In February, he filed a lawsuit against the city.
Ochse, who plans to sue Allentown and has retained South Whitehall Township attorney Rick Orloski, said he didn't realize the power his voice held until he started singing while walking around downtown.
At a city bus station, he sang to people who appeared forlorn, their heads down. One man looked up at him and grinned.
" 'I forget all my problems when I hear you sing,' he told me. That really touched me," Ochse said.
When he sees a nice-looking woman walking down the street, he's apt to break into "Pretty Woman."
"She'll look back and she'll smile," he said. "So I'm doing the right thing. I'm just trying to make people happy, that's all."
Allentown has a noise ordinance that makes it against the law to do anything that "annoys or disturbs a reasonable person of normal sensitivities or endangers or injures personal or real property." The law is a little more liberal when it comes to animals. Dogs can bark and birds can squawk for up to 10 minutes before being considered a nuisance.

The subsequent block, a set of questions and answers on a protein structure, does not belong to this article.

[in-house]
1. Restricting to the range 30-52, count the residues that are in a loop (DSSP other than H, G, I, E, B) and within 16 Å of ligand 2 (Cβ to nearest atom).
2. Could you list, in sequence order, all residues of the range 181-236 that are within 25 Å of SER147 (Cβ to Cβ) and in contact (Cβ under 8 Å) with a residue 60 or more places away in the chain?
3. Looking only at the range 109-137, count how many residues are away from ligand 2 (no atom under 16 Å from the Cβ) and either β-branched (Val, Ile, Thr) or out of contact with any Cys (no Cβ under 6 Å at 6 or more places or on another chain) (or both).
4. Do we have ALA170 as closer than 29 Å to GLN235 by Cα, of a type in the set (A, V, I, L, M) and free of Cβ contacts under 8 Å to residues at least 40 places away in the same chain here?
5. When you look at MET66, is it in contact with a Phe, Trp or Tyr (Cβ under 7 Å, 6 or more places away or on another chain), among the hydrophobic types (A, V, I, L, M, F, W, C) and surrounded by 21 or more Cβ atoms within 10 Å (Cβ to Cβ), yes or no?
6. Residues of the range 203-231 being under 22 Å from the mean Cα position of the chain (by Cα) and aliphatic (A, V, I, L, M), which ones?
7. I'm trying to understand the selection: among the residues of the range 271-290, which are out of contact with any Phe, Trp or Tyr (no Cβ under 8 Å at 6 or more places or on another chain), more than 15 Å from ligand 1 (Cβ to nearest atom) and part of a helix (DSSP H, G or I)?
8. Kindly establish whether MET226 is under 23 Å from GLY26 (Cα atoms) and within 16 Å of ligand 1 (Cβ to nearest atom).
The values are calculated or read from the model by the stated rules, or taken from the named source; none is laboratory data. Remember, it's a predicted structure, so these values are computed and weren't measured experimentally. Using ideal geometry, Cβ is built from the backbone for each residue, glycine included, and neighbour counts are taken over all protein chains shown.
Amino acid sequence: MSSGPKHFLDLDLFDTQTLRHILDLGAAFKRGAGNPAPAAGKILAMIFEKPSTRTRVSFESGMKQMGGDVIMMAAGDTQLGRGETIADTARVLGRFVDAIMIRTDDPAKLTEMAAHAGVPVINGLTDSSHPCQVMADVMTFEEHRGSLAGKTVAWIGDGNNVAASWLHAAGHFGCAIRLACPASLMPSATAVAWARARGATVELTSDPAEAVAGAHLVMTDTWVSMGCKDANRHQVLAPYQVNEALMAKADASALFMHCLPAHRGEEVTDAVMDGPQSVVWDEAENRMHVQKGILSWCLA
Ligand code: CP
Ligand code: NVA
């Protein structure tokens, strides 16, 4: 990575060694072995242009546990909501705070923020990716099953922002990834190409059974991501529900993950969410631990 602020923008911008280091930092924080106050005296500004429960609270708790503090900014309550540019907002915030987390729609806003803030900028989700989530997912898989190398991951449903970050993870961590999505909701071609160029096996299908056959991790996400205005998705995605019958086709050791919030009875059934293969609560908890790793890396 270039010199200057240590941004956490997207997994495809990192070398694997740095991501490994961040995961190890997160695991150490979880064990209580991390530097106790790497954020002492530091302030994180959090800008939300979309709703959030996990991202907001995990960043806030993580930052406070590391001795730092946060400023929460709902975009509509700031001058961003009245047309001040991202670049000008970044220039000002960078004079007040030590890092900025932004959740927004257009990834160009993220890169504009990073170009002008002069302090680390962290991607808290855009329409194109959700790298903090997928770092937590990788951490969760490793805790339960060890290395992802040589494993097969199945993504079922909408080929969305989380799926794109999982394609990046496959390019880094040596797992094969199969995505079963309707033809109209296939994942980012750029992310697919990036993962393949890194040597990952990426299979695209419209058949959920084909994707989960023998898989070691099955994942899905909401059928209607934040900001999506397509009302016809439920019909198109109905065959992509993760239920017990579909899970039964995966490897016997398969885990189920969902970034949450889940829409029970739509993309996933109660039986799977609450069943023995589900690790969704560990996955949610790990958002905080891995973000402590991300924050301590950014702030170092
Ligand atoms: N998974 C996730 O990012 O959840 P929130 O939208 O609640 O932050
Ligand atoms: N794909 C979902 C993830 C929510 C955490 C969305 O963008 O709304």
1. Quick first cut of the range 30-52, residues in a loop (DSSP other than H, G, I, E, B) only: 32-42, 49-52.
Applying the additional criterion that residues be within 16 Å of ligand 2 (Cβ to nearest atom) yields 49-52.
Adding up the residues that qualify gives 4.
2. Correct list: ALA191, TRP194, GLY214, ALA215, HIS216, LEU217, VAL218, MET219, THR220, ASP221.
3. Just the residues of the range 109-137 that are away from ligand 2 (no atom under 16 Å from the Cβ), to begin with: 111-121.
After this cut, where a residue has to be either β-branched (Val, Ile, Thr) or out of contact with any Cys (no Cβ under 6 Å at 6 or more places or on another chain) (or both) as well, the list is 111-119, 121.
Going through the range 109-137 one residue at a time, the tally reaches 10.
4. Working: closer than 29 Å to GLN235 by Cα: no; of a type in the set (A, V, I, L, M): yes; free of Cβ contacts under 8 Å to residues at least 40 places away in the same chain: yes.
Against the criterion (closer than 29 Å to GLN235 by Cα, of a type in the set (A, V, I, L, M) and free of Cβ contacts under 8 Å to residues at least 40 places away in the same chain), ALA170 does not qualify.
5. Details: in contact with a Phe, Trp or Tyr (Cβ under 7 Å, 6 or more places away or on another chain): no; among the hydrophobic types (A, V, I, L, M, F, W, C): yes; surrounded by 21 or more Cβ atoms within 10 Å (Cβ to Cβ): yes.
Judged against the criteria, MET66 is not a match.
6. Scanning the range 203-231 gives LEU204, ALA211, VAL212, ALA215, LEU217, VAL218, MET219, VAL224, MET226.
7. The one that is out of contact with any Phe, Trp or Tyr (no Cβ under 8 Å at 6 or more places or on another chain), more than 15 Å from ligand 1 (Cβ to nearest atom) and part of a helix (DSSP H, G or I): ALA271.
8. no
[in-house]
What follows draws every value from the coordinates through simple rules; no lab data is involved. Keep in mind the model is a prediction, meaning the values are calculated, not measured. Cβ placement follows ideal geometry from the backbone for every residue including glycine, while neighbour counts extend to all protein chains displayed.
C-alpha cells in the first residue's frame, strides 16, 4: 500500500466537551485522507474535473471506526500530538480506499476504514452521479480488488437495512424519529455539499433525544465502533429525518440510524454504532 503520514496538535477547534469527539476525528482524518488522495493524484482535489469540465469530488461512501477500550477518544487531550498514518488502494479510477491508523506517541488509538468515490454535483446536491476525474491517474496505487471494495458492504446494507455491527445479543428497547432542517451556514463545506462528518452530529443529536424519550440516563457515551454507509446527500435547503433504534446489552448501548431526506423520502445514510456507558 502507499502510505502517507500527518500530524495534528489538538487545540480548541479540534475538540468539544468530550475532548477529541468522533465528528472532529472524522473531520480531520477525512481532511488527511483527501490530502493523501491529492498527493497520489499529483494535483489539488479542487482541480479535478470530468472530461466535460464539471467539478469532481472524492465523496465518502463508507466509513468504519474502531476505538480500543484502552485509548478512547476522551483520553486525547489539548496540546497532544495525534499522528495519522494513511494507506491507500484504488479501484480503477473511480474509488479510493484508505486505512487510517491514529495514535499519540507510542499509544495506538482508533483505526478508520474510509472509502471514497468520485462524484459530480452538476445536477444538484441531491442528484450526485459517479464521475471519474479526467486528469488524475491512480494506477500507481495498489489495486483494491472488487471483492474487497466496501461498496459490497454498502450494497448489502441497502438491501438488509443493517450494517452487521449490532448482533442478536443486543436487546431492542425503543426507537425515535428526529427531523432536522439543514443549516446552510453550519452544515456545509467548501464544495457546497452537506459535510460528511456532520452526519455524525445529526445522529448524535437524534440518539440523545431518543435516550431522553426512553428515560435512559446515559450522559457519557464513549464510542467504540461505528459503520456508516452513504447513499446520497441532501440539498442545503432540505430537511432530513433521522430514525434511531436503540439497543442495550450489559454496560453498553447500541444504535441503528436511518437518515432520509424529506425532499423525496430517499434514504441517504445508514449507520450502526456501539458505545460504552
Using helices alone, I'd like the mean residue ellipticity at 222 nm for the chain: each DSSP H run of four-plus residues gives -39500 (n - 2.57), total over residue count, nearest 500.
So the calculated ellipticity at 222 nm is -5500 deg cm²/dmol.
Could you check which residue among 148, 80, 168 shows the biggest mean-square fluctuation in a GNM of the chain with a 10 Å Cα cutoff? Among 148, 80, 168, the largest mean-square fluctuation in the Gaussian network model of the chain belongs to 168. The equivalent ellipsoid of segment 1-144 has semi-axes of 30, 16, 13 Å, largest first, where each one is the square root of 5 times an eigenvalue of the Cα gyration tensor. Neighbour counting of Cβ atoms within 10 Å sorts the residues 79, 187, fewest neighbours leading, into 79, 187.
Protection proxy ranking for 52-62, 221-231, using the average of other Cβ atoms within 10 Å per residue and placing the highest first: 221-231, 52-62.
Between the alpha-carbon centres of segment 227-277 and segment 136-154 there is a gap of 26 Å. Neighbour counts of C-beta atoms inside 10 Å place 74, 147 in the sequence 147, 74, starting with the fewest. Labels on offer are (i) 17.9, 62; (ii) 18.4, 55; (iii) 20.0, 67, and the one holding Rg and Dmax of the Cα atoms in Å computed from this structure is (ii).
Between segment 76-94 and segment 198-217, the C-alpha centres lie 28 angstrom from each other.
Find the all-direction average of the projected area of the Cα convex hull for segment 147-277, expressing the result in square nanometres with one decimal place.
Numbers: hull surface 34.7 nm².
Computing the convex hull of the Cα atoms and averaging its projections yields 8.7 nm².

While neighboring Bethlehem's ordinance says anything that can be heard from 40 feet away is considered a disturbance, Allentown's reads that if it can be heard across property lines, it could be a problem.
Ochse is no nightingale. His voice can be heard across several property lines, possibly city blocks.
"It's just the way I sing," he said. "It's a command-style voice. I learned that in the military."
Ochse, a former ultra-marathoner and former athletic trainer at DeSales University who twice won the Empire State Building Run-Up of 86 flights in the 1980s, noted his voice isn't the loudest thing on Hamilton Street.
"Am I louder than a siren? No. Am I louder than some of these cars and some of these jackhammers they have downtown right now? They're a heck of a lot louder than me," he said.
After watching a video of Ochse's takedown, Judy Ritter, law professor and director of the criminal defense clinic at Widener University/Delaware Law School, said he doesn't appear disorderly or particularly noisy.
Ritter said a person's conduct is disorderly when it creates an unreasonable amount of noise with the intention of disturbing the public.
Ochse said his intention wasn't to disturb anyone.
"I do it for the intrinsic value of making me feel better and the extrinsic value of making them feel better," he said.
If Ochse had been singing songs laced with obscenities, his conduct might have been considered disorderly, Ritter said.